I have a smooth compact oriented manifold without boundary, $M$, with the volume form $\Omega$ and a Riemannian metric $g$.

Given a function $\phi$ is there any canonical way to obtain a divergence-free smooth vector field $V$ which is orthogonal to $\nabla _{g} \, \phi $?

Optimally, I would like $V$ to be globally defined and orthogonal to $\nabla _g \, \phi $, but eventually even locally could do it,

thanks in advance,


  • $\begingroup$ thank you for the answer. the emphasis was supposed to be on "canonical", though: is there a way of using the (rich) structure in order to obtain the vector field? $\endgroup$
    – jesus
    Nov 16 '16 at 14:56
  • $\begingroup$ Are you modelling yourself on the situation of $\mathbb{R}^2$ with the standard metric where given any function $\phi$, the vector field $(\partial_2 \phi, - \partial_1\phi)$ is orthogonal to $\phi$ and divergence free? This generalizes to any two dimensional Riemannian manifold if you take $V = *\mathrm{d}\phi$ where $*$ is the Hodge star and we freely raise/lower indices with $g$. In higher dimensions the analogue are not vector fields. $\endgroup$ Nov 16 '16 at 15:35
  • $\begingroup$ Alternatively, a higher dimensional structure that better captures what you want in this case is that of a symplectic structure. If you are given a even-dimensional manifold $M^{2n}$ with a symplectic form $\omega$ and associated volume form $\omega^n$, then a direct computation shows that the Hamiltonian vector field of $\phi$ is tangent to the level sets of $\phi$ (so "orthogonal to the gradient") and is divergence free. $\endgroup$ Nov 16 '16 at 15:50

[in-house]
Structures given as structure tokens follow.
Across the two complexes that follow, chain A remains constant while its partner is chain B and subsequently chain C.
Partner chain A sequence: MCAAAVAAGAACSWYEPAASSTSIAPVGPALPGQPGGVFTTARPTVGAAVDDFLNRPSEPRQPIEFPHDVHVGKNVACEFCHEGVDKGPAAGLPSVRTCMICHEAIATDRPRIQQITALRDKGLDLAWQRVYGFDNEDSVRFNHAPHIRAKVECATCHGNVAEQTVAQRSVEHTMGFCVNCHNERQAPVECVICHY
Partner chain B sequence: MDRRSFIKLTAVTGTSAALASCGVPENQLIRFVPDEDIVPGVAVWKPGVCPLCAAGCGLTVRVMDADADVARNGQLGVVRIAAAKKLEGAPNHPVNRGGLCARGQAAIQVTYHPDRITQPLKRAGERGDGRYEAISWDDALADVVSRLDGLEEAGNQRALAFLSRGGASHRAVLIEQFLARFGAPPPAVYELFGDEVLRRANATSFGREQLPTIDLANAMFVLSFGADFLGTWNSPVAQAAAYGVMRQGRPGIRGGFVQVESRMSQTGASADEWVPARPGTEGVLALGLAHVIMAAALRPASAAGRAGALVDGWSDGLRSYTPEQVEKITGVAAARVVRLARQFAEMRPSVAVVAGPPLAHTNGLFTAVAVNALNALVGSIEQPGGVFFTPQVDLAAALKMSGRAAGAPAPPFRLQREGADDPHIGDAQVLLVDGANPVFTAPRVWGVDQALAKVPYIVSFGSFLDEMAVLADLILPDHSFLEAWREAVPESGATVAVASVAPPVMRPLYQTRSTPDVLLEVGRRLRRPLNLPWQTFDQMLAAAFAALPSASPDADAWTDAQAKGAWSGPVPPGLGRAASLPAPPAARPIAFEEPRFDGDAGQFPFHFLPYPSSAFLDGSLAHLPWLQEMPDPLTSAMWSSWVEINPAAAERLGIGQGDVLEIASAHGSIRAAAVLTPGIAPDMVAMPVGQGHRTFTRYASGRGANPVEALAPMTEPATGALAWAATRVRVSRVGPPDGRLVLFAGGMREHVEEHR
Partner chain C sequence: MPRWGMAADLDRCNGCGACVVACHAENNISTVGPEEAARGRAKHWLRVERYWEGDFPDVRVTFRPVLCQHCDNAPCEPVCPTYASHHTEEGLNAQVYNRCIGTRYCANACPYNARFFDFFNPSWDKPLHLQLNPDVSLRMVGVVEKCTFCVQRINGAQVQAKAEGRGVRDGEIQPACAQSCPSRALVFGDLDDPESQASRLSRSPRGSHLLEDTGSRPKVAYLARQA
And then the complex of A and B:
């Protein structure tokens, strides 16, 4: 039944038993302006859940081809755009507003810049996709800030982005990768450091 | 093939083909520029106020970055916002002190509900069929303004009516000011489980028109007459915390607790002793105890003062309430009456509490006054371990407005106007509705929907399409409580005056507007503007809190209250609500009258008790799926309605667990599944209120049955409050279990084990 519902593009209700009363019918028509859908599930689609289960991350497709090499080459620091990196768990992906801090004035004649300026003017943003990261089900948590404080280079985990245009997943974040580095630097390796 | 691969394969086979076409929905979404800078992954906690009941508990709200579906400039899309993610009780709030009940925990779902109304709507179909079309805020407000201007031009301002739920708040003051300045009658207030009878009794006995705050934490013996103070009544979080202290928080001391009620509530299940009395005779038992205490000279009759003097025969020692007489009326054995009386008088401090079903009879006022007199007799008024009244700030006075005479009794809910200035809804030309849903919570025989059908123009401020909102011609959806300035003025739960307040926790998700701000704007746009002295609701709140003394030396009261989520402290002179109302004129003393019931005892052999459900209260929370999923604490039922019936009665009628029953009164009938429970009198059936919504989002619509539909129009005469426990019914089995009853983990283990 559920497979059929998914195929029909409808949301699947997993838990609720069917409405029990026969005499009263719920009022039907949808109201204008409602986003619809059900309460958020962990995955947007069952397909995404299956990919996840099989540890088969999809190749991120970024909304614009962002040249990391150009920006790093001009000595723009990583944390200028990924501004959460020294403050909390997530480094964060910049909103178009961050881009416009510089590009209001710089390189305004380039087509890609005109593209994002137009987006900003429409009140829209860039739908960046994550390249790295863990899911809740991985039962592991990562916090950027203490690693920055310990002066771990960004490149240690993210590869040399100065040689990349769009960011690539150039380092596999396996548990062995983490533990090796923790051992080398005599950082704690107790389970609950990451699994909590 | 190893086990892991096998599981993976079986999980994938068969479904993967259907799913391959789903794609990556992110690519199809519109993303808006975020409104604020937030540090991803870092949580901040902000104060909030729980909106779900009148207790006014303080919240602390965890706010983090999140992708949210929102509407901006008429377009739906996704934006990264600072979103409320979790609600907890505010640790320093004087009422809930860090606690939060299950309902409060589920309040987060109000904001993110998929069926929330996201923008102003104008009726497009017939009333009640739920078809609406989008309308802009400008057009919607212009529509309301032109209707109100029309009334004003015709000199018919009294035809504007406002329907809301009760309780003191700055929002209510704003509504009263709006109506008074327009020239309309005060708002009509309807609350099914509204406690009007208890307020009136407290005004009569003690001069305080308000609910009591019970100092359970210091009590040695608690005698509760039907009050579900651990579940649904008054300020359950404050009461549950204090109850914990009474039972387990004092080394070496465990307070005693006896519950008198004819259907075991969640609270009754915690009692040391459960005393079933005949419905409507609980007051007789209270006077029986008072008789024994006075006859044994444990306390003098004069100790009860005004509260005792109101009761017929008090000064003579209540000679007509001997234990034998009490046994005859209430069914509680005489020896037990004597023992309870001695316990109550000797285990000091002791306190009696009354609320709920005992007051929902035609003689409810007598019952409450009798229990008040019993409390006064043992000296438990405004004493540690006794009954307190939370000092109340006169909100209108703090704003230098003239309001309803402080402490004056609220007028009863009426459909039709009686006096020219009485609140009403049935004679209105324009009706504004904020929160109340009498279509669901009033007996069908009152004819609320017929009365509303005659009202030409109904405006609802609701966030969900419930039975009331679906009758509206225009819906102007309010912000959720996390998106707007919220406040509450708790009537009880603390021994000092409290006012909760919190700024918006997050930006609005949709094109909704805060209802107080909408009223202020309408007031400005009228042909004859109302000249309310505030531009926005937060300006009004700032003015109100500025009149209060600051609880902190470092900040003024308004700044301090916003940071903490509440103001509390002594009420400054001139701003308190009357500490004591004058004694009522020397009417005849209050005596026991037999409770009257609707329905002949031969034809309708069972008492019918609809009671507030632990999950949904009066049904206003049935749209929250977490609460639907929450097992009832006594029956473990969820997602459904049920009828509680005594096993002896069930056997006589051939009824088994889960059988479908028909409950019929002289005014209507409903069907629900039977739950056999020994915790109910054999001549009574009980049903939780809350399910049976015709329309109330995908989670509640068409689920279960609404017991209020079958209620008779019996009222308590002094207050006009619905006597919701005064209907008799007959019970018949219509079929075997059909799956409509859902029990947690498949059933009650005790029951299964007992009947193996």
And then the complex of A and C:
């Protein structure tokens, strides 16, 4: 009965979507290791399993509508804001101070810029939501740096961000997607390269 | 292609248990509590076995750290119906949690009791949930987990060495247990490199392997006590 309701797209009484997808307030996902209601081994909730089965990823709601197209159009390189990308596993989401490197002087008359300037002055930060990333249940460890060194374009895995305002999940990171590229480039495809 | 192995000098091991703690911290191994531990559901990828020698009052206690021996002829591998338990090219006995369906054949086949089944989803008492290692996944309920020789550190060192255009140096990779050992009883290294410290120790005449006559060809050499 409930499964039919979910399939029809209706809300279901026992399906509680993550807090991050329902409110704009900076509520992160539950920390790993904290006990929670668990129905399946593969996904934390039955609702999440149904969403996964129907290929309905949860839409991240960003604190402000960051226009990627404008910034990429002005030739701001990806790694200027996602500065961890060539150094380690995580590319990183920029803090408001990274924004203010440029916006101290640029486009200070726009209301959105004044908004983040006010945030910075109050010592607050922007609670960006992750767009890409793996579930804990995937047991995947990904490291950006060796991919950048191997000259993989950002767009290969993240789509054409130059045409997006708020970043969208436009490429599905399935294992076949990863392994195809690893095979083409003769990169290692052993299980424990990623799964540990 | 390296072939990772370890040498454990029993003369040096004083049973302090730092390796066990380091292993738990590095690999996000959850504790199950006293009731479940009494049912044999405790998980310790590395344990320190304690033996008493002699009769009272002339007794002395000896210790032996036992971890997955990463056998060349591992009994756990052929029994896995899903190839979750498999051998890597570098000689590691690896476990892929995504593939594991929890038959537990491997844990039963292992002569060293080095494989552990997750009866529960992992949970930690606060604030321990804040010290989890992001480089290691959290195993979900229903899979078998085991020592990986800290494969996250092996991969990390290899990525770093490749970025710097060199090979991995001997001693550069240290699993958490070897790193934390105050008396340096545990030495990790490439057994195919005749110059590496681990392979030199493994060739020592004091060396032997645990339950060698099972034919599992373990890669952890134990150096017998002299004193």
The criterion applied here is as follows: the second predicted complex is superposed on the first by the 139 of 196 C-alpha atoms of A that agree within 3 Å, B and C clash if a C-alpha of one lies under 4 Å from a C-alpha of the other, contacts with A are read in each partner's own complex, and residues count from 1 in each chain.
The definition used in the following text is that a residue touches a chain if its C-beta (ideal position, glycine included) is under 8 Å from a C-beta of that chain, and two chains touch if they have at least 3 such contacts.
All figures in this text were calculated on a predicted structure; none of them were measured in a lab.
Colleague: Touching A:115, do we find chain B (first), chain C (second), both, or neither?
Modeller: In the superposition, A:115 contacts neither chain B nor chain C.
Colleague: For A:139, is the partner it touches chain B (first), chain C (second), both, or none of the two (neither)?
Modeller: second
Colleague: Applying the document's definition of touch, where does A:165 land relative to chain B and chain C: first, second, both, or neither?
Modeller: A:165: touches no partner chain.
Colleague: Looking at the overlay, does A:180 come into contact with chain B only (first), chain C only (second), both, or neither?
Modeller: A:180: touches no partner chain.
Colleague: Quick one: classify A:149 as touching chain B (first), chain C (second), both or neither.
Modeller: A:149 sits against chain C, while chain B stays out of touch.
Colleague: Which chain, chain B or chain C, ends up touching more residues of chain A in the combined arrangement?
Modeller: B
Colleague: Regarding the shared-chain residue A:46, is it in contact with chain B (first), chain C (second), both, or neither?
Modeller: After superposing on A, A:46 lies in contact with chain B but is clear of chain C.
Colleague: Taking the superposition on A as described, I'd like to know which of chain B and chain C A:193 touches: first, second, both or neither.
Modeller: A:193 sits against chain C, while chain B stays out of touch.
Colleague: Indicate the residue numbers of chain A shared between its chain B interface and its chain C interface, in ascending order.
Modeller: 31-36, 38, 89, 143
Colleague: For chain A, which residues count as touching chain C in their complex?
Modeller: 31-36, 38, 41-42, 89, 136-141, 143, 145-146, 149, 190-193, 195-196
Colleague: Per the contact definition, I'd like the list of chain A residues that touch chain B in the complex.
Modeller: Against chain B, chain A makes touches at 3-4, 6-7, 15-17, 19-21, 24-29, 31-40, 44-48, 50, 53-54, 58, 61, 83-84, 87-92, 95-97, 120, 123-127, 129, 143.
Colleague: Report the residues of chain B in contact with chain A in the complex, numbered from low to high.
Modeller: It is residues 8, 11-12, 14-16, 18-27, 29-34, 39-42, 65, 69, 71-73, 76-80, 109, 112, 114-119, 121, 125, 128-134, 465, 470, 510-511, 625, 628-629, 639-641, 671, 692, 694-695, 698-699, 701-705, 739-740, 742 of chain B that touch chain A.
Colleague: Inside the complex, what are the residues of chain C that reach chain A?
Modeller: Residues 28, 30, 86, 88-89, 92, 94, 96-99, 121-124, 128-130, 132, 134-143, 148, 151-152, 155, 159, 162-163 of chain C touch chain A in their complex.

Your problem is perhaps better stated as asking, given a manifold $M$ with a volume form $\Omega$, and a smooth function $\phi$, if there is a vector field $X$ whose flow preserves $\Omega$ and for which $\phi$ is constant along the flow lines of $X$. This problem has no Riemannian metric. Locally, near a point where $d\phi \ne 0$, we can find coordinates in which $\Omega$ is the Euclidean volume form, and in which $\phi$ is the first coordinate function. Why? Use the Moser homotopy lemma to arrange coordinates $x^1, \dots, x^n$ in which $\Omega$ is the Euclidean volume form. Then find a function $f$ so that $\partial f/\partial x^2 \partial \phi/\partial x^1-\partial f/\partial x^1 \partial \phi/\partial x^2=1$, locally, and then replace $x^1$ with $\phi$ and $x^2$ with $f$. Now your vector field can be any divergence free vector field in $x^2,\dots,x^n$, and it gives a vector field tangent to level sets of $\phi$, since it doesn't involve $x^1$.


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